Wednesday, June 15, 2011

Kimberley Arcand: History of Anne

(Kimberley Arcand joins the contributors here with this post.  Welcome!)

As June rolled in and the dusty doors of Parliament Hill were open, the normal political jumbo began to spring from the House of Commons. However, during that poignant week of Parliament, all I could remember was talk about the Royal visit and where William and Kate (now Duke and Duchess of Cambridge) will be going. One particular rumoured place was a visit to Green Gables: the inspiration of the fictional childhood home of Lucy Maud Montgomery’s famous character (Canadian) Anne.  Located in Cavendish (not Avonlea) PEI, this home was once owned by David and Margaret Macneil, a distant relative of Montgomery’s. This heritage site is now a representation of the fictional world of Montgomery’s novels representing both the life of the author as well as the character.

During my undergrad I had spent sometime reading about Montgomery (due to my love for Anne) to understand how she along with her characters, including her other heroine Emily of New Moon, played an important role to Canada culture and identity. One reason Montgomery along with Anne and Emily has become a part of Canadian culture is strictly due to the popularity of the novels across the world. As the media talks about the Royal Visit, they highlight that it is Kate’s desire to visit this popular heritage site and that it is because she enjoyed reading the novels when she was a child.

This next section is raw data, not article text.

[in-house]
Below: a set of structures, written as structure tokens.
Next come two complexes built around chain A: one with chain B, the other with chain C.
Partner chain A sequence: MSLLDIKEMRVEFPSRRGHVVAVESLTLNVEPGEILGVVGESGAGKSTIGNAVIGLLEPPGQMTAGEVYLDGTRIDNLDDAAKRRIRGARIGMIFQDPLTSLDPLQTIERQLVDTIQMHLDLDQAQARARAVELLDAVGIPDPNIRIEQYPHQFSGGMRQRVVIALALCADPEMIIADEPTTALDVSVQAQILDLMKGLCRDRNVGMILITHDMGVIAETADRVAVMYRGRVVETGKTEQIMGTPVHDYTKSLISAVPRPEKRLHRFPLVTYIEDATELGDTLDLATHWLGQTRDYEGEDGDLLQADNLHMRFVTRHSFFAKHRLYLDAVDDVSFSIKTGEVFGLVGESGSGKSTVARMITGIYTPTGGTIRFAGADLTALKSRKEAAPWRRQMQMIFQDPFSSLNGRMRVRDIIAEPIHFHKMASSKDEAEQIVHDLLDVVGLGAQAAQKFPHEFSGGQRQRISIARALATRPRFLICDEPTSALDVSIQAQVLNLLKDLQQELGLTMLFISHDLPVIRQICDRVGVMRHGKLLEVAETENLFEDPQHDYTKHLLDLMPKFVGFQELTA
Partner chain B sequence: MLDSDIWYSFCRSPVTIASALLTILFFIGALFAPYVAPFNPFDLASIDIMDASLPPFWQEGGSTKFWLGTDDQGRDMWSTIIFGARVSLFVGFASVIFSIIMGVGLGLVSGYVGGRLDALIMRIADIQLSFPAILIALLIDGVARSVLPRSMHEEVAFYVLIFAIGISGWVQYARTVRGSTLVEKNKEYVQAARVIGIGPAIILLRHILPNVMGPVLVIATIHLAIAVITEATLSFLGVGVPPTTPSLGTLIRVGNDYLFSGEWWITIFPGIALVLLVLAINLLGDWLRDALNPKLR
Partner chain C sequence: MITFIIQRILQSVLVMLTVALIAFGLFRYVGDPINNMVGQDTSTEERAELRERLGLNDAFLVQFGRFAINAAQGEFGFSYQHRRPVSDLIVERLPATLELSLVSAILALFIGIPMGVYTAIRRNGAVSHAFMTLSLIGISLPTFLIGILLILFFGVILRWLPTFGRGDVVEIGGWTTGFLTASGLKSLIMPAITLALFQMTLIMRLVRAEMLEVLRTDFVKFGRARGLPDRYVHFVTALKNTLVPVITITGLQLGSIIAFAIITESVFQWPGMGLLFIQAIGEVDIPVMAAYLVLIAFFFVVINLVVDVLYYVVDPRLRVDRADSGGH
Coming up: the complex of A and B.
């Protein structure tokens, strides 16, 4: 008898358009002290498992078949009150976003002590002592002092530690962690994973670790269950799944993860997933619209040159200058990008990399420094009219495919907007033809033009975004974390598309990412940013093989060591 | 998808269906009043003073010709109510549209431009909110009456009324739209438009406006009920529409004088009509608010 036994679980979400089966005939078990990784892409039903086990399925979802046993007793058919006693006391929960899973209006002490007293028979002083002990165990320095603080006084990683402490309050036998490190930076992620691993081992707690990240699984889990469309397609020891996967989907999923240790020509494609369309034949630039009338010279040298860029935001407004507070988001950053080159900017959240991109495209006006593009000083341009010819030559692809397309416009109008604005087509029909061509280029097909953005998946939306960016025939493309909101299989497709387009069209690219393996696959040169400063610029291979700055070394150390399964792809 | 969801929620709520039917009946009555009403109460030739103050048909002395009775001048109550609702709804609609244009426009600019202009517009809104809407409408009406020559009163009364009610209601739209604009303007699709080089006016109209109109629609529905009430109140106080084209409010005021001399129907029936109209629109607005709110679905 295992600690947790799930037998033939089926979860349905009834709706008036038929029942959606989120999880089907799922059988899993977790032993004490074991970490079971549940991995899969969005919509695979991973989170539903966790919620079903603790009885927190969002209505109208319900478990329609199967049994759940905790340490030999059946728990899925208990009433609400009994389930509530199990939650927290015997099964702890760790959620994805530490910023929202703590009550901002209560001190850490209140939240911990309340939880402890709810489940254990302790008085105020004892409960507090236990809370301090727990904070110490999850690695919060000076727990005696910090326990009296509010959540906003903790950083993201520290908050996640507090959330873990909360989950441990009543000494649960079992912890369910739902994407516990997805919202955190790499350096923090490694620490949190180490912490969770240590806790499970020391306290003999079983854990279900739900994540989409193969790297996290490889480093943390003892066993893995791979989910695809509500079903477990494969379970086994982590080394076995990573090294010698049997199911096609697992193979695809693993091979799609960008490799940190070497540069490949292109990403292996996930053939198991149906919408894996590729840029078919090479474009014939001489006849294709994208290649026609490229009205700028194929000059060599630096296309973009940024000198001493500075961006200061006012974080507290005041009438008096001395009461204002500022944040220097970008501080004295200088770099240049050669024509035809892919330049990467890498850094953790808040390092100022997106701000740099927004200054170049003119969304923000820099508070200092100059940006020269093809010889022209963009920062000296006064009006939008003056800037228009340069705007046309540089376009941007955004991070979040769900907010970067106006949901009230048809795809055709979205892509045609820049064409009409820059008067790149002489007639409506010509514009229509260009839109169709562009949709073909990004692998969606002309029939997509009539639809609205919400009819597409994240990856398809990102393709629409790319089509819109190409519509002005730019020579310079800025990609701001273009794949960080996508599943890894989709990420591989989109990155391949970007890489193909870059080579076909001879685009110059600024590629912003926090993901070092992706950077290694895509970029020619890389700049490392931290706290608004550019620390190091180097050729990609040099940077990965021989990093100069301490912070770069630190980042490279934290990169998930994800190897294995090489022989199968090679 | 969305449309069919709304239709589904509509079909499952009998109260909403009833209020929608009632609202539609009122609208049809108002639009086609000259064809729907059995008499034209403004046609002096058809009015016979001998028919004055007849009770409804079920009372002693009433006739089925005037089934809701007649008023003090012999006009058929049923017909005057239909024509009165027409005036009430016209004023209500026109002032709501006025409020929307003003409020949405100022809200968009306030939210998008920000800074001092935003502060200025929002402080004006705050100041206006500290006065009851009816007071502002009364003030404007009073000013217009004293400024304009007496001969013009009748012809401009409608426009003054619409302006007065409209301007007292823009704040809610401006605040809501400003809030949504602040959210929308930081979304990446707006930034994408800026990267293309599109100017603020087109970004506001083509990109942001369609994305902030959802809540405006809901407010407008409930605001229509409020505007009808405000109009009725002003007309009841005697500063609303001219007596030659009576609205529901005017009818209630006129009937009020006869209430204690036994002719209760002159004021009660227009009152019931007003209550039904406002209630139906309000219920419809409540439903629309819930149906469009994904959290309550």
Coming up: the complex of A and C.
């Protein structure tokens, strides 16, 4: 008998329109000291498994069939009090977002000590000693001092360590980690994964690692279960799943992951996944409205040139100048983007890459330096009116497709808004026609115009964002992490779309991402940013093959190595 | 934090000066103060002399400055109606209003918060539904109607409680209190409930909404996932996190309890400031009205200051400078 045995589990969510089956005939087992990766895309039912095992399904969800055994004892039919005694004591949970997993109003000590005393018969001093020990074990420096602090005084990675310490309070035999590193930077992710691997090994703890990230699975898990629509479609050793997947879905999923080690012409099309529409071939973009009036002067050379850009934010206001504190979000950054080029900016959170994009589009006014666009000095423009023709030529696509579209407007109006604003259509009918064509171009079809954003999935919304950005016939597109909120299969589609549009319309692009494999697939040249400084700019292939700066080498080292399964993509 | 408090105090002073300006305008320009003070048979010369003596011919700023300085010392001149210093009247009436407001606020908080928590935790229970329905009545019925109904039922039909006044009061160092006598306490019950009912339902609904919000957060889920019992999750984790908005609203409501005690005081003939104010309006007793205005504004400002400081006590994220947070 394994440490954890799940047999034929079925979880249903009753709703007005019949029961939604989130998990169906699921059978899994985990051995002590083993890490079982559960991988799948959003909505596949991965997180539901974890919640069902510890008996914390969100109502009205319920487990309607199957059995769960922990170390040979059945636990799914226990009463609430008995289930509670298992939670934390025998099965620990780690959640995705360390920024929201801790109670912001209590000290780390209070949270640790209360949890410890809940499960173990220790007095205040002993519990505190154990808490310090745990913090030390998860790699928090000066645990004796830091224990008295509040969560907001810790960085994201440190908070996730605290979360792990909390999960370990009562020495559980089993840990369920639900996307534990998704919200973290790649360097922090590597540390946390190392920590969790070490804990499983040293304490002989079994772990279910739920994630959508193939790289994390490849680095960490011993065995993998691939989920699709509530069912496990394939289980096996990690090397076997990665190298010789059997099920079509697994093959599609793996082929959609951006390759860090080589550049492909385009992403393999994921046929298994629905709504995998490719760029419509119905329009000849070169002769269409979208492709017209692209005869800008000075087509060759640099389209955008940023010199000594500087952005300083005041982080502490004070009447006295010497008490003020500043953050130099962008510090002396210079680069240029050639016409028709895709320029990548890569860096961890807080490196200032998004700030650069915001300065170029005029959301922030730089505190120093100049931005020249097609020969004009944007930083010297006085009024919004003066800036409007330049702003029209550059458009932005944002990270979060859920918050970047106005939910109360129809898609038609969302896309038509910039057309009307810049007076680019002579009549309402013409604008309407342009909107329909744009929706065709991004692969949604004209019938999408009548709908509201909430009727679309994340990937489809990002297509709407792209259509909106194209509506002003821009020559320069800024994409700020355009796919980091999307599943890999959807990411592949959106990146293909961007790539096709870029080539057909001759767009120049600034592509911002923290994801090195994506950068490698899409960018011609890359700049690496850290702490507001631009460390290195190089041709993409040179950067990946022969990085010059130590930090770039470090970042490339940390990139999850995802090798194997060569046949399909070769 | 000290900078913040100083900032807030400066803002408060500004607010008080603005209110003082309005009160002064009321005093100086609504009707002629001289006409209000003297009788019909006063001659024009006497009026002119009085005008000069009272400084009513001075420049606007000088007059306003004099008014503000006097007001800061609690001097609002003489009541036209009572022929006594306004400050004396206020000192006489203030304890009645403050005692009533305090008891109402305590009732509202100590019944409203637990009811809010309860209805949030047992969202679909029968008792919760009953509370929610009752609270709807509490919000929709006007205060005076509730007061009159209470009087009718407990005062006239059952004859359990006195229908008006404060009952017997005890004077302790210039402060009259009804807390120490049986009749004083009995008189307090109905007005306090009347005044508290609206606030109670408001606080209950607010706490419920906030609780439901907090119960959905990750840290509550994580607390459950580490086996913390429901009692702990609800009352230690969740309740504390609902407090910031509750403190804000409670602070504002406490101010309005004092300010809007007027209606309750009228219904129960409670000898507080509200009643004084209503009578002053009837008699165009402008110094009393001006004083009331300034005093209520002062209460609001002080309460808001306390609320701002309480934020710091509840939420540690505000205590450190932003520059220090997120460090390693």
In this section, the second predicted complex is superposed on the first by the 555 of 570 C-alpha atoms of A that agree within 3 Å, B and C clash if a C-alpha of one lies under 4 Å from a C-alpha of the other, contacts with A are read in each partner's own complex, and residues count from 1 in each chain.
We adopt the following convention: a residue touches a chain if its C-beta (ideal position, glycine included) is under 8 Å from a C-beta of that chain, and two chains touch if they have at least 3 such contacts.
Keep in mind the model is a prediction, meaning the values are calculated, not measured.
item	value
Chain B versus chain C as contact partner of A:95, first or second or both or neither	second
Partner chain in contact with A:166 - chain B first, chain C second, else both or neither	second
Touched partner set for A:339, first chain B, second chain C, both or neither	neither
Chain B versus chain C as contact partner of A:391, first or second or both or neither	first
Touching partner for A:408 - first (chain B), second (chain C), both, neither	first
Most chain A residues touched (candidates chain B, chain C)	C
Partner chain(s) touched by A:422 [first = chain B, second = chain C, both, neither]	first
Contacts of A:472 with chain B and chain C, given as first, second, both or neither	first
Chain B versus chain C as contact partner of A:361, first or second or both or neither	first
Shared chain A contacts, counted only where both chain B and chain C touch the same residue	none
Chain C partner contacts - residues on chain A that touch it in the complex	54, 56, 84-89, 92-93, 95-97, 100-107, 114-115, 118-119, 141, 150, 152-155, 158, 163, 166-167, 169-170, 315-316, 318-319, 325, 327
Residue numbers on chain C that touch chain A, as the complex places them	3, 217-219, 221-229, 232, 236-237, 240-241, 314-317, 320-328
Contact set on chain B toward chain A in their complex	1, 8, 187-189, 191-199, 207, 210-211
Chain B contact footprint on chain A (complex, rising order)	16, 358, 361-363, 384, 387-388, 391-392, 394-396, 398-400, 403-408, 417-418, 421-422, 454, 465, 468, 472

I feel that sometimes the popularity of Montgomery’s novels is still a large reason why she is a part of our identity, rather than an enteral connection to the texts themselves. However, I see a new form of engagement with Montgomery’s Avonlea. No longer just representing a beautiful fictional world, Montgomery’s novels now reflect a historical view and a past culture and Canadian identity. 

Green Gables, which is now a heritage site with Parks Canada, is not just a celebration of a famous novel or two famous Canadians (if you include Anne) but a celebration of Canadian culture at the turn of the century. So like Kate and William celebrate Parks Canada’s Centennial at Green Gables or by the book for your summer reading list! Not only will you get swept away to a different time and place in Canadian history, but understand a past Canadian culture and identity a little better.

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